Moving along we took a detour down rue Saint-Jacques, l’Université Paris-Sorbonne. My tutor studied at this university and she told me that if I was in the area, I had to take a stroll by the university. We then doubled back to The Panthéon. When Louis XV recovered from a life-threatening illness in 1744, he was so grateful that he decided to build a church to honor Sainte Genevieve. The design was entrusted to Jacques-Germain Soufflot, who planned the church in a neoclassical style. Consruction began in 1764 and continued after Soufflot’s death until 1790. During the Revolution, the church was turned into a Panthéon – a location for the tombs of France’s good and great. Napoleon returned it to the church in 1806, but it was secularized, then desecularized before finally being made into a civic building in 1885. Inspired by the Roman Pantheon, the temple portico has 22 Corinthian columns. Walking through the front entrance, you get a certain sense of awe, like you’re in the presence of greatness.
The inscription above the entrance reads ‘AUX GRANDS HOMMES LA PATRIE RECONNAISSANTE’. This is the place where France buries her great men. This acknowledgement is not given lightly. Interment here is only given by a parliamentary act for ‘National Heroes’. Its necropolis holds the remains of famous men such as Voltaire, Rousseau, Victor Hugo. In fact, there is only one woman interred here based on her own merits – Marie Curie, the woman who discovered radium, the first female Nobel prize winner, and a pioneer of the study of radioactivity.
I have to admit that I had misgivings about exploring the crypt. Not that it was very scary. It was in fact, quite well-lit, with lots of installations, videos and plaques, each detailing the famous people who are buried there. And then there were the big tour groups. The French have a very healthy respect and regard for their famous, dead people. There were groups of guided tours, all speaking French. To my surprise, it was a very interesting visit. You get the sense that you are surrounded by history of greatness and achievements. Suddenly, you are face to face with names you read about in books. I stood in front of the crypt of the author of my favourite book of all time – Victor Hugo. That was a big deal for me. (Glad to see his neighbour is Alexandre Dumas, another favourite author of mine.)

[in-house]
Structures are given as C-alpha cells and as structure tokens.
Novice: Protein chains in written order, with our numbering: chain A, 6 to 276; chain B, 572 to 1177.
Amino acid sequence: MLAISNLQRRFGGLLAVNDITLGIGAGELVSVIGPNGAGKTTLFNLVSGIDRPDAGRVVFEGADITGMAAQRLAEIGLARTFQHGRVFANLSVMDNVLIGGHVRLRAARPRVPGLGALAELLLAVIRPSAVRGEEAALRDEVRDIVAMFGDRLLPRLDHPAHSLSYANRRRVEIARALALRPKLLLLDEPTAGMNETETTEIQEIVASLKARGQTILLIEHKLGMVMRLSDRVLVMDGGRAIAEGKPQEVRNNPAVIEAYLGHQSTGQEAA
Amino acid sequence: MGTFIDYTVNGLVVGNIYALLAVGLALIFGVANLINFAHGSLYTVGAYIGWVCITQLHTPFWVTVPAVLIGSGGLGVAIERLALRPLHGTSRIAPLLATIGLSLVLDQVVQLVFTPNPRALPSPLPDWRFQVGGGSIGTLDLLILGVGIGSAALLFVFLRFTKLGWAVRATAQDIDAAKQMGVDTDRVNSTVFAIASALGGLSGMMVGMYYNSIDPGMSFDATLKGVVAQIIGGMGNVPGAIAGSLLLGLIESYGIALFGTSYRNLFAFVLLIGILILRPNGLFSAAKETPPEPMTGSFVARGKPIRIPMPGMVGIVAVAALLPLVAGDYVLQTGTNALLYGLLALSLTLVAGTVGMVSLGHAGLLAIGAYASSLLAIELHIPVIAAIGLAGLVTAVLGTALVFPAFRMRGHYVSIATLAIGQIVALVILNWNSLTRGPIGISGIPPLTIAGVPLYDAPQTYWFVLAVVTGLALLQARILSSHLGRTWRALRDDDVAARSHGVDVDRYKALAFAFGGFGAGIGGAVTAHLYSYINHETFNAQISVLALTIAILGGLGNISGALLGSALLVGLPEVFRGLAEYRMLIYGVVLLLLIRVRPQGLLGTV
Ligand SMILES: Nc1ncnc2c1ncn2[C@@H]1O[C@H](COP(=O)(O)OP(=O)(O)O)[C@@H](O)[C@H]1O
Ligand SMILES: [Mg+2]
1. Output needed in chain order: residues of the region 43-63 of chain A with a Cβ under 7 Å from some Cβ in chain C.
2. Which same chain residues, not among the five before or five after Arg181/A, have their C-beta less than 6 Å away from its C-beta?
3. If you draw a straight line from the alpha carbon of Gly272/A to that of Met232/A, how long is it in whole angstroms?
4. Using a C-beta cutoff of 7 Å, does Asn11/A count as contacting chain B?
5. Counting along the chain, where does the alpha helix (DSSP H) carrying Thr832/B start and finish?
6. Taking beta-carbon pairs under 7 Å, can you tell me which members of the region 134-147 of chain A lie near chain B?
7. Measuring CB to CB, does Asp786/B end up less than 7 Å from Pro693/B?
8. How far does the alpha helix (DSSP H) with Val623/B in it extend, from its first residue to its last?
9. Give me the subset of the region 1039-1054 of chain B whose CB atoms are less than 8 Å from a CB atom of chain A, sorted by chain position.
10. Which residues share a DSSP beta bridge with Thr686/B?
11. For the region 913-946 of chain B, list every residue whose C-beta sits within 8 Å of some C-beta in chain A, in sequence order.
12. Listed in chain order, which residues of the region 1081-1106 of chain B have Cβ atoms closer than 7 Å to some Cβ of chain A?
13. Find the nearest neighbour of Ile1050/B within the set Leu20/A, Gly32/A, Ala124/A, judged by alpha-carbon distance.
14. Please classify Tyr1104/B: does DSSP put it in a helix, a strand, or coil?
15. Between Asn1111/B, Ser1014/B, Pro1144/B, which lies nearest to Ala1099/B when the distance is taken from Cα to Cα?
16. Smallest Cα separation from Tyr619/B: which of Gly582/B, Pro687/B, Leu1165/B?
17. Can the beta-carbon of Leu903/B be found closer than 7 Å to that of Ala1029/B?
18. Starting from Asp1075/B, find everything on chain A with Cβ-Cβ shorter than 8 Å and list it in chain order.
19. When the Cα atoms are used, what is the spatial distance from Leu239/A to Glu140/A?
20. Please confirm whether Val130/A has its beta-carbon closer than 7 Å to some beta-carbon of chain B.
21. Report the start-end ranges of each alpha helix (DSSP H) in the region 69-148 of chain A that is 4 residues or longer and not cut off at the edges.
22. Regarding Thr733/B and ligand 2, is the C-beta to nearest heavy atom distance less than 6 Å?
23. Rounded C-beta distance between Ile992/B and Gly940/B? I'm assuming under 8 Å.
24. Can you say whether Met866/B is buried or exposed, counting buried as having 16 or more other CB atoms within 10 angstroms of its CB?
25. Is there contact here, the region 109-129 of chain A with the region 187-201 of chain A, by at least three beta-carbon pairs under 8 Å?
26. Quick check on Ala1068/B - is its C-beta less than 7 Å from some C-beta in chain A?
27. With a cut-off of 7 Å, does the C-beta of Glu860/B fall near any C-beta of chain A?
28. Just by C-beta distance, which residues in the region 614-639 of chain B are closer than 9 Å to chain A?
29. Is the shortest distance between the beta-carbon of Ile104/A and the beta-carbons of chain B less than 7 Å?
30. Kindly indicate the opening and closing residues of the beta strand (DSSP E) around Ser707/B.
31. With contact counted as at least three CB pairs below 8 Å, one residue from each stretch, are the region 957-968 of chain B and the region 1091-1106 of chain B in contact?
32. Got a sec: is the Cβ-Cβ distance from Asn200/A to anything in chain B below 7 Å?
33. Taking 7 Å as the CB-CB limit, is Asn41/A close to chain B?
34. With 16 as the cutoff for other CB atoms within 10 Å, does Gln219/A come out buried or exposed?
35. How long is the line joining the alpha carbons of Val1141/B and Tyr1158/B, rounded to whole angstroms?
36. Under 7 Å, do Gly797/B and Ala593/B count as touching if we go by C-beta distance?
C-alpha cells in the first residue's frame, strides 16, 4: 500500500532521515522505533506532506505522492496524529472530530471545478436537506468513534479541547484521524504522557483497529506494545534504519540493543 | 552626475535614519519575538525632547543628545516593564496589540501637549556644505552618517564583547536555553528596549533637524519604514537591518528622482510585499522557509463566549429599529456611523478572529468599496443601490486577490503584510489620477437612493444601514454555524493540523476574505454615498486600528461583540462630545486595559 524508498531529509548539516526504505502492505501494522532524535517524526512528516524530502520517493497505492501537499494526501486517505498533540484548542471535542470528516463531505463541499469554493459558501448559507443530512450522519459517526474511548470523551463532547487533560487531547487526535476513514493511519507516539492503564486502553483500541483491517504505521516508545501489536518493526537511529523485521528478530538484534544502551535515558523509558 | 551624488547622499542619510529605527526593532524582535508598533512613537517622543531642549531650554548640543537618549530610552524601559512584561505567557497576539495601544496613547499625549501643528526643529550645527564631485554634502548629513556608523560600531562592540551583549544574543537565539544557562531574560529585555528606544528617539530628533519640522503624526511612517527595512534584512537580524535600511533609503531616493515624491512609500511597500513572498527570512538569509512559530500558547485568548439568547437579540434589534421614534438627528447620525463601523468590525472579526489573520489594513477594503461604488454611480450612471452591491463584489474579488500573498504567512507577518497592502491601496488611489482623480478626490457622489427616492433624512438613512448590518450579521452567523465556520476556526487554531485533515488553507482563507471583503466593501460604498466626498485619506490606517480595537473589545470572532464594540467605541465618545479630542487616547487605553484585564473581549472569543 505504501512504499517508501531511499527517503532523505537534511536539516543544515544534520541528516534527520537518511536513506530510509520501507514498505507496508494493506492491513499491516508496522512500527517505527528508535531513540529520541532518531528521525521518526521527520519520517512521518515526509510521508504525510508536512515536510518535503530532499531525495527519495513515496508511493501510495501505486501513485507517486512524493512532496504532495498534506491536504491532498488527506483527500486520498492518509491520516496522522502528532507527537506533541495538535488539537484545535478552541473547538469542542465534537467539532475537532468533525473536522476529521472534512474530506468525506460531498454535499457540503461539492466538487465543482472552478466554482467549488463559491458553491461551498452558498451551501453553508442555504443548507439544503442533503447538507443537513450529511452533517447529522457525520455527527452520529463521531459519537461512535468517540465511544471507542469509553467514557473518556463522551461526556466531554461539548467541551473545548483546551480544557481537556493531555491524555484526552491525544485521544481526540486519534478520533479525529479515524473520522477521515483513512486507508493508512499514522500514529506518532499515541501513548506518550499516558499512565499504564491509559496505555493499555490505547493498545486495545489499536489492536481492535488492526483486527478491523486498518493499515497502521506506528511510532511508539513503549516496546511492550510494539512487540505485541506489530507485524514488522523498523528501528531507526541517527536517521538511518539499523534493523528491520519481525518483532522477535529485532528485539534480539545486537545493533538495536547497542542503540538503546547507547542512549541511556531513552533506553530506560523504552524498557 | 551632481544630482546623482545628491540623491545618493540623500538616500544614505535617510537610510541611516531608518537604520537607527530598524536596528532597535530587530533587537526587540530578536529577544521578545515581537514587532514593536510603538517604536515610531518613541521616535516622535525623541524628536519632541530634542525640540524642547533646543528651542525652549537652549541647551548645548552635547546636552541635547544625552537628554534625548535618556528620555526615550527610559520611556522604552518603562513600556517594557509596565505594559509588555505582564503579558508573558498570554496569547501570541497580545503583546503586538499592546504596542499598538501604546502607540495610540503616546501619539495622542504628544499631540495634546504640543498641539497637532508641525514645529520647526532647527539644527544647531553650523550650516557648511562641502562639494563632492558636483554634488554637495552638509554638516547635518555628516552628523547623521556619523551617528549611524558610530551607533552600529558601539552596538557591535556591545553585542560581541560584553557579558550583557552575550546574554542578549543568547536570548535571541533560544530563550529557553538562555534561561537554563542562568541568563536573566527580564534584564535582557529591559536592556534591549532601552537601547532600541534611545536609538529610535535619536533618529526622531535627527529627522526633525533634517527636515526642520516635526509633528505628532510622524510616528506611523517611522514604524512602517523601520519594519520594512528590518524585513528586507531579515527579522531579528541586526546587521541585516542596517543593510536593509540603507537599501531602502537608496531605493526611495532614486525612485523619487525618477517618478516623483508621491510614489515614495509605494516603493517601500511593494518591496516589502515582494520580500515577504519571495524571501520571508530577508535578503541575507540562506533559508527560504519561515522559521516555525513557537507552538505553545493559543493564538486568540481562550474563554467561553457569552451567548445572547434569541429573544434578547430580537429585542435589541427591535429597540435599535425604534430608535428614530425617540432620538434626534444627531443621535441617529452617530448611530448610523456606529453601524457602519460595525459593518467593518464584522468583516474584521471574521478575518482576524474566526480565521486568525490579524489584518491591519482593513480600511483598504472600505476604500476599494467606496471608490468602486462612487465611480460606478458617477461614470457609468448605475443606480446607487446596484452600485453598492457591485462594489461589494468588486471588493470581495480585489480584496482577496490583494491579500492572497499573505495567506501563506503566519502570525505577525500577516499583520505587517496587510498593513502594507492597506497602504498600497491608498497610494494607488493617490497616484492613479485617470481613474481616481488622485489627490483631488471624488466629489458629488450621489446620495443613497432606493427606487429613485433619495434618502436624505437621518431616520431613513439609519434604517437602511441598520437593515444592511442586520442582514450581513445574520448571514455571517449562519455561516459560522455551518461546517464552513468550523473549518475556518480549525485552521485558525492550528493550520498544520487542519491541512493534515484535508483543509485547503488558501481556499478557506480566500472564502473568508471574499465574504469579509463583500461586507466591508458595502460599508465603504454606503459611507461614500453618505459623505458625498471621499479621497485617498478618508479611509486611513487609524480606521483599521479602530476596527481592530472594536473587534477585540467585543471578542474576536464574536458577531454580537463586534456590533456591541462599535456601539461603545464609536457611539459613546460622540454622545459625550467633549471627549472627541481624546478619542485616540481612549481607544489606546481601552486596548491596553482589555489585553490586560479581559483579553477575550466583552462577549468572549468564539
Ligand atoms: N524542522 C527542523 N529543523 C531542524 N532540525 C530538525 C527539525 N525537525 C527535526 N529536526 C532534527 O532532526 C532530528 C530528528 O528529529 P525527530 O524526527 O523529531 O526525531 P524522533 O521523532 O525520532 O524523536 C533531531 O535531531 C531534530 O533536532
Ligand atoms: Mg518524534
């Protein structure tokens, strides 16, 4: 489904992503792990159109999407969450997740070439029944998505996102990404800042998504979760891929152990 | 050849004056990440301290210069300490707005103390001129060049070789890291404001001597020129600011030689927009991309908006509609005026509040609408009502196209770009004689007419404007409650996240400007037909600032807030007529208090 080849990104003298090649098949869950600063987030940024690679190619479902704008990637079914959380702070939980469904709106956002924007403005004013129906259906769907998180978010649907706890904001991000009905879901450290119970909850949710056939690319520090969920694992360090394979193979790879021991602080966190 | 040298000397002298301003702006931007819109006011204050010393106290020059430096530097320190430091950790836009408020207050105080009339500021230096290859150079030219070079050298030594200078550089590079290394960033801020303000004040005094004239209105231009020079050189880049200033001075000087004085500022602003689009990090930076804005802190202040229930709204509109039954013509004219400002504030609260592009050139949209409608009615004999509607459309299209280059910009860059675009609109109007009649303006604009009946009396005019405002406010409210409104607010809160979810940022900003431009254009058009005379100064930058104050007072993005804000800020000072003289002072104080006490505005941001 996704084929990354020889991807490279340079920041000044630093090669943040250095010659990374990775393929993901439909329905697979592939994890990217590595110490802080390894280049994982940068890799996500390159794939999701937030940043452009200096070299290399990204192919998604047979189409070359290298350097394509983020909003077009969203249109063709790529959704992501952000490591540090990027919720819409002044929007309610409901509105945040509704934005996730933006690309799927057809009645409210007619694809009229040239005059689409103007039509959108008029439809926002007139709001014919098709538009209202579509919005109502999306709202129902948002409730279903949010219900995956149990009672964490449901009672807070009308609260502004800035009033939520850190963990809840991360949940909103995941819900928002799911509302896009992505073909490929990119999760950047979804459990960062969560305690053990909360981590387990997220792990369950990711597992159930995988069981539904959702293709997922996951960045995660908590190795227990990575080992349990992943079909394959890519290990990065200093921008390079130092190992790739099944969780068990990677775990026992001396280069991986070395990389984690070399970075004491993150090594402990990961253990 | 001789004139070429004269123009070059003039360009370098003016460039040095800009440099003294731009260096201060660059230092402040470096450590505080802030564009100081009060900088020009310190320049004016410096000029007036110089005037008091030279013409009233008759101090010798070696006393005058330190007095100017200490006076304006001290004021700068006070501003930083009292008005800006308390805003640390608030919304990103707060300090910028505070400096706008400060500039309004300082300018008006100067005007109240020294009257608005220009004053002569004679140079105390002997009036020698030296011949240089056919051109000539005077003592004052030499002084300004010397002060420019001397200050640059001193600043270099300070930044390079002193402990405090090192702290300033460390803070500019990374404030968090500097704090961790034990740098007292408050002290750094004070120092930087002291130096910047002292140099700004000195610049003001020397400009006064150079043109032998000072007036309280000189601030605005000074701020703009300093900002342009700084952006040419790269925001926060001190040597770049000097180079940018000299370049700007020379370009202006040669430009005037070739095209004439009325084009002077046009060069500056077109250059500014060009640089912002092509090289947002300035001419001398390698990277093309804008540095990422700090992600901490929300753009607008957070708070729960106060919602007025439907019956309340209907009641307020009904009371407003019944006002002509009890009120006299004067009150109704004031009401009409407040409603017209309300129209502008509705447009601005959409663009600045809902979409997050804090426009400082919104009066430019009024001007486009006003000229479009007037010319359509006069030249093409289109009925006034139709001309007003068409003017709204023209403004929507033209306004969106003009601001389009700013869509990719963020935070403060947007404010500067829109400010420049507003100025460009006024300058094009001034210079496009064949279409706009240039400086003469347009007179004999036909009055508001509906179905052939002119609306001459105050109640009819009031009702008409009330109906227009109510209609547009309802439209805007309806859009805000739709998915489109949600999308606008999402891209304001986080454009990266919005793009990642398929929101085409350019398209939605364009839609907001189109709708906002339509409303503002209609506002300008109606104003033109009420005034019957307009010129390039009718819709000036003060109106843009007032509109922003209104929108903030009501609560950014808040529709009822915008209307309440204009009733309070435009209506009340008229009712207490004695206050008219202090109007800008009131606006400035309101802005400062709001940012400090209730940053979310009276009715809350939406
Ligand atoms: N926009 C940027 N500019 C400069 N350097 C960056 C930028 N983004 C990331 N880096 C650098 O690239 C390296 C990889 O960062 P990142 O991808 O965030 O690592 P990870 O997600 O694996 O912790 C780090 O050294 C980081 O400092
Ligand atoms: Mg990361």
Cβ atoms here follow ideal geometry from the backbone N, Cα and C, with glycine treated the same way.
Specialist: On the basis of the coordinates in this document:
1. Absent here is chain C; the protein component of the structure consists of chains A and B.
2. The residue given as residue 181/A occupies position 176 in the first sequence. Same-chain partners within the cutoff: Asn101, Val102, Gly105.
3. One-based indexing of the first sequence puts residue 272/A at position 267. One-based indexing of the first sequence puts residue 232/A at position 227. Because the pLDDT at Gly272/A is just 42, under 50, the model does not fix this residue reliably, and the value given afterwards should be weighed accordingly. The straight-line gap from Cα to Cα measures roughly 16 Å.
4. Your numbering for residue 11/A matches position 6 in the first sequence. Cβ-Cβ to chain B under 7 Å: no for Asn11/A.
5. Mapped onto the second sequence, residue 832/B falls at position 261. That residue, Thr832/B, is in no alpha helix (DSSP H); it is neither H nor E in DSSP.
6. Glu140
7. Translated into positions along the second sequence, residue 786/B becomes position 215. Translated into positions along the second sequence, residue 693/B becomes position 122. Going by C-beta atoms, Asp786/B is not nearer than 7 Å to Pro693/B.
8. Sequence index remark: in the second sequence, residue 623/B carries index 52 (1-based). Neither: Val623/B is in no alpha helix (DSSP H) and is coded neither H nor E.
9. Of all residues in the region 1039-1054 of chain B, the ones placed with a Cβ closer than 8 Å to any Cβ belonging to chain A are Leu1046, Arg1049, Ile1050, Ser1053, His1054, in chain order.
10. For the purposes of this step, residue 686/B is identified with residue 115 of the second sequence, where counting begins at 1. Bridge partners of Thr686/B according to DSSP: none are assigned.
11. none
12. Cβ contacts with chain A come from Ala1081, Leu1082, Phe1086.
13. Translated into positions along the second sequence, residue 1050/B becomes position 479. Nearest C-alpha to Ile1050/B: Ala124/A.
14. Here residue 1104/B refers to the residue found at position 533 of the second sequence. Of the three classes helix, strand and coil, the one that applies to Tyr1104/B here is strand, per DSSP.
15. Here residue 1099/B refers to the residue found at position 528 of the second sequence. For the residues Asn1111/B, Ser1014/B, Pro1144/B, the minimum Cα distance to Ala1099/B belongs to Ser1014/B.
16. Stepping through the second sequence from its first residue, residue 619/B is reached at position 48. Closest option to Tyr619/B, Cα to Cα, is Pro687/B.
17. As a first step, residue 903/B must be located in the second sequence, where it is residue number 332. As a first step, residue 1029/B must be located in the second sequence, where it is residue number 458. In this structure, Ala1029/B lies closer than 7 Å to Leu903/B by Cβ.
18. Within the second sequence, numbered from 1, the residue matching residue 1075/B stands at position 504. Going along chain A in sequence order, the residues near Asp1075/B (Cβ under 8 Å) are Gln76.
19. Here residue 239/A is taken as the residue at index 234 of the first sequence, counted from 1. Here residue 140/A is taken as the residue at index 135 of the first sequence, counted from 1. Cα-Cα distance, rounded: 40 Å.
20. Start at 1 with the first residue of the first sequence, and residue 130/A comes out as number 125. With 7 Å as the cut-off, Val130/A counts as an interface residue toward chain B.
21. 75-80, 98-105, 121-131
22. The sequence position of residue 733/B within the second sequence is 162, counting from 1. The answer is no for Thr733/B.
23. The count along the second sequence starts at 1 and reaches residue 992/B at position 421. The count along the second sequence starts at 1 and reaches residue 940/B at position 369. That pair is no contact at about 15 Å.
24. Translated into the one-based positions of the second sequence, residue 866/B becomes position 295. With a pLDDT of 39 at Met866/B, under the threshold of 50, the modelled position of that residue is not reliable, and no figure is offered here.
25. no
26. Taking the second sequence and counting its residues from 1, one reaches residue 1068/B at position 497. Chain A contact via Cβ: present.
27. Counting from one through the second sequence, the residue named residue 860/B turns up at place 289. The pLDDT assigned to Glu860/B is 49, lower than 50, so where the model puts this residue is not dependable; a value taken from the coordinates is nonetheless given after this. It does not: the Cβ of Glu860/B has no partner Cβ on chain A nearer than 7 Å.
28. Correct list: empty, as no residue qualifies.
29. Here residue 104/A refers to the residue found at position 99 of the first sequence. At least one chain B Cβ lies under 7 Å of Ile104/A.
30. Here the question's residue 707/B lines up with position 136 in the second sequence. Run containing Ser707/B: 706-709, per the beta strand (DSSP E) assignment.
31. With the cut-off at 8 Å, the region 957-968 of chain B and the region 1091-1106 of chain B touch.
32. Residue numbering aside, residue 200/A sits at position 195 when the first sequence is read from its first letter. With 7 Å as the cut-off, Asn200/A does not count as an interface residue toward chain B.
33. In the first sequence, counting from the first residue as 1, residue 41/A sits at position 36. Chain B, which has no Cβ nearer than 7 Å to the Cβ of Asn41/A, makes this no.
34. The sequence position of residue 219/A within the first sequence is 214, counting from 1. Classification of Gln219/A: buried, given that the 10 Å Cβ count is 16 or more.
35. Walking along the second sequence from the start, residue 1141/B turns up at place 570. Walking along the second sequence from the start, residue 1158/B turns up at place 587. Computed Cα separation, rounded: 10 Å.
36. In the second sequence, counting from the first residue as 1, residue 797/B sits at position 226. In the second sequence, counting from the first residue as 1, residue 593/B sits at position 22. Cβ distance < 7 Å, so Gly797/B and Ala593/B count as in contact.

When it was time to leave, I was surprised to find that we had spent over 2 hours there. On our way back to the apartment, I had to stop by at a bookstore my tutor had told me about – Gibert Jeune. Gibert Jeune is a monster of a bookstore. It has 4 buildings full of books on place Saint-Michel alone (there are 5 other buildings). I loaded up with grammar books, story books… To my delight, I even found a French abridged version of Les Misérables.
Dinner that night was a simple fare of bread with pan-fried foie gras – we had to finish the block we bought the day before. For dessert, we went down to Smith’s Bakery on rue de Buci. This Americanised bakery sells our favourite Berthillon ice-cream. Feasting on our cones of delicious ice-cream, we wandered around our ‘quartier’, taking in the sights and sounds of the neighbourhood. The St-Germain-des-Prés is a well-heeled neighbourhood, almost a little too touristy, but there sure is a lot to see and there is no shortage of restaurants and eateries, and the night-life is very vibrant.
Turning in for the night, we left the windows open as it was a warm night. The sounds from the busy street below (yes, even at midnight) came wafting through the apartment, as we fell asleep to the sounds of the streets of Paris.